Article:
In the "Powerwall 2 waiting list" thread on TMC, the user jeeps1979 (in Crestline, by the way) posted a system diagram that seems to show a "gateway" between the main panel and the service meter for this purpose. But there is some question as to how that could work, particularly with main panels that integrate the service meter. Also, if the grid is down, the battery is fully charged, and there is surplus PV generation, I presume that the PV would need to be automatically disconnected. I hope to learn more.
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GRA
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Re: Official Southern California Edison thread

Mon Apr 24, 2017 3:30 pm

Not familiar with the current setups or what is/isn't required, but grid-intertied PV/wind/genset with battery backup used to just use an automatic transfer switch. Here's some discussion from almost 6 years ago: https://www.civicsolar.com/support/installer/questions/what-are-options-grid-tied-array-continue-generate-power-event-power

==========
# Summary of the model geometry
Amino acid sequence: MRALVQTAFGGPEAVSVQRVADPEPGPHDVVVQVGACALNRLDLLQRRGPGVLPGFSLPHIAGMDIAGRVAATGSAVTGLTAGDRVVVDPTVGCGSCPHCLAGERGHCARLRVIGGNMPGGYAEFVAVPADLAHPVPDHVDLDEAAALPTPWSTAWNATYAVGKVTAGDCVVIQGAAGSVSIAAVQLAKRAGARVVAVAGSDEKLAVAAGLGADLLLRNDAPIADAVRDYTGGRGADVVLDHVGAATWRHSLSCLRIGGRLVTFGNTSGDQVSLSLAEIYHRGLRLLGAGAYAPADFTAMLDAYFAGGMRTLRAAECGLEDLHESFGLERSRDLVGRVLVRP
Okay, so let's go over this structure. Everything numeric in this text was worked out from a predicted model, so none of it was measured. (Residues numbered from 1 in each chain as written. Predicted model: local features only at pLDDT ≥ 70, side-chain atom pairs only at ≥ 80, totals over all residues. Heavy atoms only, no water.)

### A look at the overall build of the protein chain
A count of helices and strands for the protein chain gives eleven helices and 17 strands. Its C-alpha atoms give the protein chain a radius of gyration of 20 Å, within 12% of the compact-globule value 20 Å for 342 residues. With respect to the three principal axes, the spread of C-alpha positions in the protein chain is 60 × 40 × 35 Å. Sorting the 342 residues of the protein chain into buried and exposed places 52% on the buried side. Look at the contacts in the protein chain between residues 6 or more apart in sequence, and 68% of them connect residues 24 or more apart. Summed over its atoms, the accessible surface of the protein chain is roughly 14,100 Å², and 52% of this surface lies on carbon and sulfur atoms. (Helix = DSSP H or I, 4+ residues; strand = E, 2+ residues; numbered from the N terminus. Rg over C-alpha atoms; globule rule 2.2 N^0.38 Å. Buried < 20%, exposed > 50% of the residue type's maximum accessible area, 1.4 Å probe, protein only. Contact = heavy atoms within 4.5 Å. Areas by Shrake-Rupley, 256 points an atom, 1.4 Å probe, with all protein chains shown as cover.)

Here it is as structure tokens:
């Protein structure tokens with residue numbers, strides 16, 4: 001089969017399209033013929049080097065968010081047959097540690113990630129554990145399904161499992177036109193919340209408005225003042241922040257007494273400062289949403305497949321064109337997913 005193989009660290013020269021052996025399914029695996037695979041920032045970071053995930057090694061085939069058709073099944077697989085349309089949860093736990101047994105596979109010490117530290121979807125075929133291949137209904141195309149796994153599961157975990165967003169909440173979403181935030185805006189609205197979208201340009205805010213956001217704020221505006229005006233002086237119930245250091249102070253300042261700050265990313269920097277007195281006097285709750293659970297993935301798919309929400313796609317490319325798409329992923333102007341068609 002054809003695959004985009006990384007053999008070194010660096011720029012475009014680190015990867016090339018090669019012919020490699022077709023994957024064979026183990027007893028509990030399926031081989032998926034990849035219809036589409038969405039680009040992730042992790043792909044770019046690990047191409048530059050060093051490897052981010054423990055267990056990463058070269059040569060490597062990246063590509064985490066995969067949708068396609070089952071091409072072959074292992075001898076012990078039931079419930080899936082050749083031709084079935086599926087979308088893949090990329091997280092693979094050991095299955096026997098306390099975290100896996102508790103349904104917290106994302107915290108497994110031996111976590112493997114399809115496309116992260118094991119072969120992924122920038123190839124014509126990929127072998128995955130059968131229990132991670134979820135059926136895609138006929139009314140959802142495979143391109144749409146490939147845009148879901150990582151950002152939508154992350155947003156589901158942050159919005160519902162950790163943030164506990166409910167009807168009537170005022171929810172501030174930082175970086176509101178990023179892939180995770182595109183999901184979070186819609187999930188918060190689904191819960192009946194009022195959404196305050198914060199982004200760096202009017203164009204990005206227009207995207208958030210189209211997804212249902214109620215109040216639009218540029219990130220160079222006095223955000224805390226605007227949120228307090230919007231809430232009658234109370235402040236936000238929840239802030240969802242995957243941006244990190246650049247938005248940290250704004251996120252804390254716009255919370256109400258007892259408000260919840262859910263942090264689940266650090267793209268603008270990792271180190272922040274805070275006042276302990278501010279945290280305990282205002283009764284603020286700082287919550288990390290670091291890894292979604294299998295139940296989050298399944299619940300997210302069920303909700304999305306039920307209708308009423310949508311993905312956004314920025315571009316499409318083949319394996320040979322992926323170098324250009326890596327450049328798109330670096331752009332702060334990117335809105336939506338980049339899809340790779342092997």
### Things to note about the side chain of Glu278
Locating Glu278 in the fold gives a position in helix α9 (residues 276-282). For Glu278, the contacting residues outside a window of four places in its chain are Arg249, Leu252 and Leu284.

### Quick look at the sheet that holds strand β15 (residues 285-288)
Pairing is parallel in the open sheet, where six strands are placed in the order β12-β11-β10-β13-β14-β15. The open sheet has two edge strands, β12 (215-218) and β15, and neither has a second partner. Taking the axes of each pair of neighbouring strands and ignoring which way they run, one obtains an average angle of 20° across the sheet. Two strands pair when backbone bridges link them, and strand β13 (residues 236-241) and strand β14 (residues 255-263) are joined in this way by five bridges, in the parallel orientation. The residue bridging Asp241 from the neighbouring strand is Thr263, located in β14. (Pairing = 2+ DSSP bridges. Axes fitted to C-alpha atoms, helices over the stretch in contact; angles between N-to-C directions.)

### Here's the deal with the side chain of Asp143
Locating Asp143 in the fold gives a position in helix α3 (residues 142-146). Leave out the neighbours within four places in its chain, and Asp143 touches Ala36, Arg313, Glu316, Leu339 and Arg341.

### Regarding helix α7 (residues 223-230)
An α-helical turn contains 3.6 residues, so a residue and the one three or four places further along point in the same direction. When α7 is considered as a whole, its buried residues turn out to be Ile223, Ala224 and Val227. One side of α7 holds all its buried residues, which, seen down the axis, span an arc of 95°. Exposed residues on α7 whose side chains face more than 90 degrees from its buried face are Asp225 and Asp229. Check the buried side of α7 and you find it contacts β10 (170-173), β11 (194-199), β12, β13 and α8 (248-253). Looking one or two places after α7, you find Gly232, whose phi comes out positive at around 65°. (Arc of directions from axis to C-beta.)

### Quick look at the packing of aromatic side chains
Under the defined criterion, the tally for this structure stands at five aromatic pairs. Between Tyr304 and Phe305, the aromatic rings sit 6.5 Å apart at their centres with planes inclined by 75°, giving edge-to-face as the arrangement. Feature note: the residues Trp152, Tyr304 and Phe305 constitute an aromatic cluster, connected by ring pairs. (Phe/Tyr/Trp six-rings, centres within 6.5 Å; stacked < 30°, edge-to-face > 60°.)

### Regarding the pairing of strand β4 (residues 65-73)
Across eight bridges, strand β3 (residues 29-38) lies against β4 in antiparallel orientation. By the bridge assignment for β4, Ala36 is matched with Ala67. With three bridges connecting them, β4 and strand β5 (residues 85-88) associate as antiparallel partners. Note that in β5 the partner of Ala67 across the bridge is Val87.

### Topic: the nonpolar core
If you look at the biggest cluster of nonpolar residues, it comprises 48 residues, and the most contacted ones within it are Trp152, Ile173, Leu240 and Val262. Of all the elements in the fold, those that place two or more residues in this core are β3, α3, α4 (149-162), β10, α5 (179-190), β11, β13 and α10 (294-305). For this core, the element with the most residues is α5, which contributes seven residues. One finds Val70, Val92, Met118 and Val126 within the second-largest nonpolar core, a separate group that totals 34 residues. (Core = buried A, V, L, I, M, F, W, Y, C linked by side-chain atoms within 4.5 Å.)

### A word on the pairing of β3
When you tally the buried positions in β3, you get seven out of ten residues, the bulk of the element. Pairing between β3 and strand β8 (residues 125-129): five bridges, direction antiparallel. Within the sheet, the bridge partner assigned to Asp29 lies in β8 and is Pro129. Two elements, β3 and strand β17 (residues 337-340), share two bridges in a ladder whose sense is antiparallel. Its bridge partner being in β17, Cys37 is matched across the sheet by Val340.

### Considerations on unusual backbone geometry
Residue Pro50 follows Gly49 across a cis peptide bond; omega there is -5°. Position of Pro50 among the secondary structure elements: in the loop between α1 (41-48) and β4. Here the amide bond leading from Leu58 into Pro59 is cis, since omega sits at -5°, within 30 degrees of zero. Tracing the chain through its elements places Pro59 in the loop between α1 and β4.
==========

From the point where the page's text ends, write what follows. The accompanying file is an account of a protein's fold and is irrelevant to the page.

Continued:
Guy [I have lots of experience designing/selling off-grid AE systems, some using EVs but don't own one. Local trips are by foot, bike and/or rapid transit].

The 'best' is the enemy of 'good enough'. Copper shot, not Silver bullets.

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abasile
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Re: Official Southern California Edison thread

Mon Apr 24, 2017 3:55 pm

Following is a query that I sent to Pick My Solar over the weekend. They just responded that the answer is "yes" to all of the below questions:
Thanks for getting the contract sent out. I’ve reviewed it, and would like to ask for written confirmation of a few things before I sign. I’d like to confirm that the contract includes the following, which would reflect our phone conversations, I believe. If my understanding isn’t correct in some area below, then please let me know!